Pelvic Measurements

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The single major cause of dystocia[1] is a disproportion between size of the calf at birth (birth weight) and the cow’s birth canal (pelvic area). Differences in pelvic area are generally due to pelvic height, with discrepancies between the dam and fetus more likely to occur for pelvic height and depth of calf chest than for width measures. Pelvic size, independent of cow weight, affects calving difficulty. Heifers of increased skeletal size usually have larger pelvic openings, but also tend to have heavier calves at birth. Hence, selection for cow size alone is ineffective. Heifer weight and age generally have a positive relationship to pelvic area, but weight is not always a good indicator. External dimensions such as width of hooks and length of rump are not good indicators of pelvic area or calving difficulty. For these reasons pelvic measurements can be a useful management tool to eliminate heifers with a higher potential for calving difficulty. Structural traits in cattle tend to be highly heritable, and pelvic area is no exception. This means there is a large genetic influence on pelvic area, which results in rapid response to selection. However, pelvic area is genetically correlated with many other traits, so selection for increased pelvic area alone can result in other traits changing for the worse.

Pelvic area and pubertal status

Pelvic area is an indicator of maternal calving ease. Selection of sires with high calving ease direct (CED) expected progeny differences (EPDs) mated to heifers that are screened for pelvic area will decrease the incidence and (or) severity of calving problems and minimize calf losses from dystocia.[2] Pelvic measurements should be used in addition to, rather than in place of, selection for size, weight, and above all fertility.[3] Producers should be aware that selection for pelvic area will likely not result in increased pelvic dimensions alone, but may result in increased size of the entire skeleton and animal.[4] These correlated responses can be modulated in a multiple-trait selection program with emphases on moderate mature size and increased direct calving ease. Pelvic measurements can also be successfully used to identify abnormally small or misshaped pelvises. These situations, left unidentified, are often associated with extreme dystocia, resulting in caesarean delivery and even death of the calf or dam.[5][6]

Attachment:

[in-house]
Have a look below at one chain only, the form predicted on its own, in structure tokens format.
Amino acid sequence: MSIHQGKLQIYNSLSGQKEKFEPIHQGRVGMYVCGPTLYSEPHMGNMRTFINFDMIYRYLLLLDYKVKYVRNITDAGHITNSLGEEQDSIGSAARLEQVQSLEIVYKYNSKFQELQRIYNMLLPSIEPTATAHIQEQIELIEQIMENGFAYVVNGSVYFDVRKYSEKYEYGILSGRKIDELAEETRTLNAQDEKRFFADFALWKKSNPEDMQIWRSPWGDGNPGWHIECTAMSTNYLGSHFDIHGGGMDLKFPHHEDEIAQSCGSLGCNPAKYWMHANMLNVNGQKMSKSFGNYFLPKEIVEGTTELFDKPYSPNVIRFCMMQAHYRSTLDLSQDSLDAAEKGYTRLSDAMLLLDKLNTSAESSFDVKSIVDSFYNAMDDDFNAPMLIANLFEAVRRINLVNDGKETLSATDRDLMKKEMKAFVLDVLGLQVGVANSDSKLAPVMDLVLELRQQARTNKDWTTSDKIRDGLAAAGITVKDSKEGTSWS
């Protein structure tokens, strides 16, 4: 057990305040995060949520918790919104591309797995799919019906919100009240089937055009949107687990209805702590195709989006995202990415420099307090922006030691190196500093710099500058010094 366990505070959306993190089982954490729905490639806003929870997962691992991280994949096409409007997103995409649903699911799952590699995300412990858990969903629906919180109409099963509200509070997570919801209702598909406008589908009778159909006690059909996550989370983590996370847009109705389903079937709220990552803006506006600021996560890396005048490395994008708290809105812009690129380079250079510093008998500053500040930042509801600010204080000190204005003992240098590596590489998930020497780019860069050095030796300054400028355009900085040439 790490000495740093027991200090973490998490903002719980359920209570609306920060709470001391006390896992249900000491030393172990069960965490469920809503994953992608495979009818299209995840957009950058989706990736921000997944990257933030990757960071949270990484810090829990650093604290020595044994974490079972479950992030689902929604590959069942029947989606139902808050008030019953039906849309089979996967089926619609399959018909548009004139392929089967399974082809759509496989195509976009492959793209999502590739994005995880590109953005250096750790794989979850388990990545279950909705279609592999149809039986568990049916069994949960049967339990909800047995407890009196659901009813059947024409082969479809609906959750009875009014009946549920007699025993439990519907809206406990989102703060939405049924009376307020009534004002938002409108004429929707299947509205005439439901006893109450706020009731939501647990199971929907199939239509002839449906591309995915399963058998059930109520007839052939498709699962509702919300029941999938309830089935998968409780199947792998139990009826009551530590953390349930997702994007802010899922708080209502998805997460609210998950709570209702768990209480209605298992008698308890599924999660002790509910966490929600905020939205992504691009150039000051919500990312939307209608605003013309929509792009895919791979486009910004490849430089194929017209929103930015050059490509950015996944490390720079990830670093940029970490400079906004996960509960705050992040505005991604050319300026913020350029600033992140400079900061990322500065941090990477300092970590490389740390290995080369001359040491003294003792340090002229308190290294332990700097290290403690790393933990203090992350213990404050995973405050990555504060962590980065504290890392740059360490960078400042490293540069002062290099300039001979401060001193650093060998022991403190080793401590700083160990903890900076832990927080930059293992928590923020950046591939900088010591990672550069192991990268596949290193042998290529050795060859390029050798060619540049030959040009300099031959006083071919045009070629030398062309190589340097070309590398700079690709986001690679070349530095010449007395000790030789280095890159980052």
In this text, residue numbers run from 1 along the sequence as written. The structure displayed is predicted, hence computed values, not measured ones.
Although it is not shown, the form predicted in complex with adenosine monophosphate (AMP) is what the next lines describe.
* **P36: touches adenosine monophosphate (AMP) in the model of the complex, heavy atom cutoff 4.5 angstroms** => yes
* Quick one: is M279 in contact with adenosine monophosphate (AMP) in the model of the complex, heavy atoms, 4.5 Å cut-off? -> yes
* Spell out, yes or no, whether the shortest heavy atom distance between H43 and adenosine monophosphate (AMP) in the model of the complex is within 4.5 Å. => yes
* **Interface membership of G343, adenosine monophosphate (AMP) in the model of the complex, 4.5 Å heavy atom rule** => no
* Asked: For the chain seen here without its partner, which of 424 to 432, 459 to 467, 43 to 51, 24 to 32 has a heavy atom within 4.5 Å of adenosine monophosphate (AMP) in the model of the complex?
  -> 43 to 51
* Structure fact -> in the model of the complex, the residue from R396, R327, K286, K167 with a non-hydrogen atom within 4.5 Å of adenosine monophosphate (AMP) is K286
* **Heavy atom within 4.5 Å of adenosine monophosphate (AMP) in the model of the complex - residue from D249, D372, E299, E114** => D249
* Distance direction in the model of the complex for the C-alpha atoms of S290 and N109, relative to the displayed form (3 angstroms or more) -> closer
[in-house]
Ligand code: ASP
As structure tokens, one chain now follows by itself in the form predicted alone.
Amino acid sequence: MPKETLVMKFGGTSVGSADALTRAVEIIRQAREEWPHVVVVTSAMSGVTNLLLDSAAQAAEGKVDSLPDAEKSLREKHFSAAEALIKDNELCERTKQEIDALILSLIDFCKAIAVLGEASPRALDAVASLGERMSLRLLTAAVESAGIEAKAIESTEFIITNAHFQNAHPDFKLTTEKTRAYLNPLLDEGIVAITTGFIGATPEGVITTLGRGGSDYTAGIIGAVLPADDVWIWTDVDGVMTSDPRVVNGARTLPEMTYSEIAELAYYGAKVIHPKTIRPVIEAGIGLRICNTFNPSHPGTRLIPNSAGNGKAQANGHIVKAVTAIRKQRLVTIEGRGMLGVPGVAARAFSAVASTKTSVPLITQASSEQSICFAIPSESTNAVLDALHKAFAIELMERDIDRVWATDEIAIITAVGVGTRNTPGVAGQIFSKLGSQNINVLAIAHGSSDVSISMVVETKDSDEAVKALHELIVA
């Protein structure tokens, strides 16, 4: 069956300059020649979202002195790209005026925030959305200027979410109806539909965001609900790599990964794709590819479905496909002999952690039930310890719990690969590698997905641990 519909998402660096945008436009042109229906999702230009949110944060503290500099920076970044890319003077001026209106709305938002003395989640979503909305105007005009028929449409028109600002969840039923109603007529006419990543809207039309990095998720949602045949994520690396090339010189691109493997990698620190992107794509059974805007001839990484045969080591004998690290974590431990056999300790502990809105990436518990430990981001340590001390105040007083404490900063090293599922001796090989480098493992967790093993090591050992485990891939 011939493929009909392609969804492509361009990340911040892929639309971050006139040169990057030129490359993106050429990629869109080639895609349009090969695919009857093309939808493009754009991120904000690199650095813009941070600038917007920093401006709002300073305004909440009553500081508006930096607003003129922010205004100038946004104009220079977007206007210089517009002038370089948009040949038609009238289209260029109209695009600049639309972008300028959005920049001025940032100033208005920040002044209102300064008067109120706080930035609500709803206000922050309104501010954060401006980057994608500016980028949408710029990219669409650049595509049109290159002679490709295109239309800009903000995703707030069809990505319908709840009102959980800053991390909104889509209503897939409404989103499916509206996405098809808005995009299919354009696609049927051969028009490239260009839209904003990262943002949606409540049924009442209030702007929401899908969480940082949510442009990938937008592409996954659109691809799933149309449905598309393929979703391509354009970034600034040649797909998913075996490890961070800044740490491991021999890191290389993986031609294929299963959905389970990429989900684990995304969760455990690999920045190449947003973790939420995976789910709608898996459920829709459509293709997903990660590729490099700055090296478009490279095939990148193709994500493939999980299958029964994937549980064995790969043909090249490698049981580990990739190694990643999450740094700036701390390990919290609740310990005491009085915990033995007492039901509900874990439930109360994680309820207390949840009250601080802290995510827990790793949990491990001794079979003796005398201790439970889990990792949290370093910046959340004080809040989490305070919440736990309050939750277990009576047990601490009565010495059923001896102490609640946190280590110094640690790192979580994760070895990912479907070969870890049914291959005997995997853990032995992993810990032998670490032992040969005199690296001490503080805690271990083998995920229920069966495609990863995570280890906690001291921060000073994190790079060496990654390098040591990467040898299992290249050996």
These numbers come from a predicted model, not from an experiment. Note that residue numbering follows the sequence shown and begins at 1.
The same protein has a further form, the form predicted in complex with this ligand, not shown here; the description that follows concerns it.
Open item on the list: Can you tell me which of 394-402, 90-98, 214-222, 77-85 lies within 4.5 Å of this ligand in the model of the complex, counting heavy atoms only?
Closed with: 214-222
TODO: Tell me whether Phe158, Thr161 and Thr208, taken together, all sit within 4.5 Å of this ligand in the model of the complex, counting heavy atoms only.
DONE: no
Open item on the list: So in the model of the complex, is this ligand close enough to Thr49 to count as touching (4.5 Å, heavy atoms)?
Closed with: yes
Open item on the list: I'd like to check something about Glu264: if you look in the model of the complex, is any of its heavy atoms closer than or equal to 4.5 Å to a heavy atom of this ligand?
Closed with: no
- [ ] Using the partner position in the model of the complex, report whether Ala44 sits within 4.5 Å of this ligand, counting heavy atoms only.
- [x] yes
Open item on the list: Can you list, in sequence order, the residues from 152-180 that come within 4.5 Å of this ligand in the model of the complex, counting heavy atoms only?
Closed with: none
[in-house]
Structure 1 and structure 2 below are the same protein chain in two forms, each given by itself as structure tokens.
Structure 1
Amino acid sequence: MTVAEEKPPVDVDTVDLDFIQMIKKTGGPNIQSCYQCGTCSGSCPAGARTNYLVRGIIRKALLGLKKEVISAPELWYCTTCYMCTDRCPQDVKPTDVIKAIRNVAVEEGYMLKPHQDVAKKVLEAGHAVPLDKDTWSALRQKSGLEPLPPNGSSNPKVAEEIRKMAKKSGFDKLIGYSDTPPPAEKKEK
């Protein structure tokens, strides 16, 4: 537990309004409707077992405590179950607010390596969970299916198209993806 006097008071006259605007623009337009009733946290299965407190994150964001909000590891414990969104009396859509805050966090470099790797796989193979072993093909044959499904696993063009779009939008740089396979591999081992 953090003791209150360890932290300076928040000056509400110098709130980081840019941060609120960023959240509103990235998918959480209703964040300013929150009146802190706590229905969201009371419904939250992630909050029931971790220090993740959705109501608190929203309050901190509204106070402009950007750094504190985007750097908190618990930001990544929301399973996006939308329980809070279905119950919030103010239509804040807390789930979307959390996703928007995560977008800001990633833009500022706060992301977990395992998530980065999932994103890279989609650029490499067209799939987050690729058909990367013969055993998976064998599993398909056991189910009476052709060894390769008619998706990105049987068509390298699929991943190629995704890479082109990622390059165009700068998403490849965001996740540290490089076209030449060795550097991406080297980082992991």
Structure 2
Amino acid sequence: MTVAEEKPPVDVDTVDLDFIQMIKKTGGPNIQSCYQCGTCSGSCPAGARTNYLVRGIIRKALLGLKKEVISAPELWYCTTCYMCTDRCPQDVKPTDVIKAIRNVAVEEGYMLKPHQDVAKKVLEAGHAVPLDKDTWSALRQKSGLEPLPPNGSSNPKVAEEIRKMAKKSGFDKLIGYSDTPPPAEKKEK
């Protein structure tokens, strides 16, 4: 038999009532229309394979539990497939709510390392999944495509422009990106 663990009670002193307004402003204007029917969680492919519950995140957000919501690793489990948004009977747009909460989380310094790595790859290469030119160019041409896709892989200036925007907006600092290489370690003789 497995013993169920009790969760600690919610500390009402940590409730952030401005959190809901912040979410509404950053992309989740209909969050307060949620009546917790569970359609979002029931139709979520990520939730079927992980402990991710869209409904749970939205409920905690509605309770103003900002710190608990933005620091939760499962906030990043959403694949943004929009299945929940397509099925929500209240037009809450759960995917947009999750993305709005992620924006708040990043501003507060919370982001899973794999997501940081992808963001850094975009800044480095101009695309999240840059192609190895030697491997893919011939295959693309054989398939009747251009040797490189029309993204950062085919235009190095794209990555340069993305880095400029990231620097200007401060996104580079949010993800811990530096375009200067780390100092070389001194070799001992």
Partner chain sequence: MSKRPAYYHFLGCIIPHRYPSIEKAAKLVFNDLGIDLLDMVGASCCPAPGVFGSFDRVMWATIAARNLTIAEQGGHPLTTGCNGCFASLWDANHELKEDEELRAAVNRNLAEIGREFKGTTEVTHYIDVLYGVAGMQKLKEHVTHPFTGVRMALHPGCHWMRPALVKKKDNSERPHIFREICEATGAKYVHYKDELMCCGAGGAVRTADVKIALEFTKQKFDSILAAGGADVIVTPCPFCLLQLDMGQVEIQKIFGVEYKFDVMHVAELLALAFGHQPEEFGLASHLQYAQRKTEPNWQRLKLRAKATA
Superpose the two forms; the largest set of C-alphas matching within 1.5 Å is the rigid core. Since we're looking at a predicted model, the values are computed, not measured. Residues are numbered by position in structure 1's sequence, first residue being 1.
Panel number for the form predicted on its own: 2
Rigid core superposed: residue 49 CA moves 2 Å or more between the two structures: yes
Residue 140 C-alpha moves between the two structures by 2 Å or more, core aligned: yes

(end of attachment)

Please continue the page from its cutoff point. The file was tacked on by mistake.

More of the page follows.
While pelvic area can be used as a possible indicator trait for maternal calving ease, it may be most helpful for predicting earlier maturing heifers. Bullock and Patterson (1995) [2] reported that puberty exerts a positive influence on pelvic width and area in yearling heifers; however, the differences observed among heifers as yearlings were not preserved when calving as two-year-olds. The data suggest that puberty plays a role in pelvic size as yearlings, but once heifers reach puberty the effects may no longer be present.

Obtaining pelvic area measurements

Pelvimetry is a useful culling tool to aid in the management of dystocia.[7] Pelvic measurements (Figure 1) can be obtained with a Rice Pelvimeter (Lane Manufacturing, Denver, CO), the Krautman-Litton Bovine Pelvic Meter (Jorgensen Laboratories, Inc. Loveland, CO), or the Equibov Bovine Pelvimeter (Ontario, Canada). The Rice pelvimeter is the preferred instrument to obtain pelvic measurements in cattle due to its ease of use, good repeatability, ability to read to at least 20 cm, and low cost compared to other pelvimeters. Pelvic area measured by the Rice pelvimeter is accurate and repeatable between and within veterinarians.[8]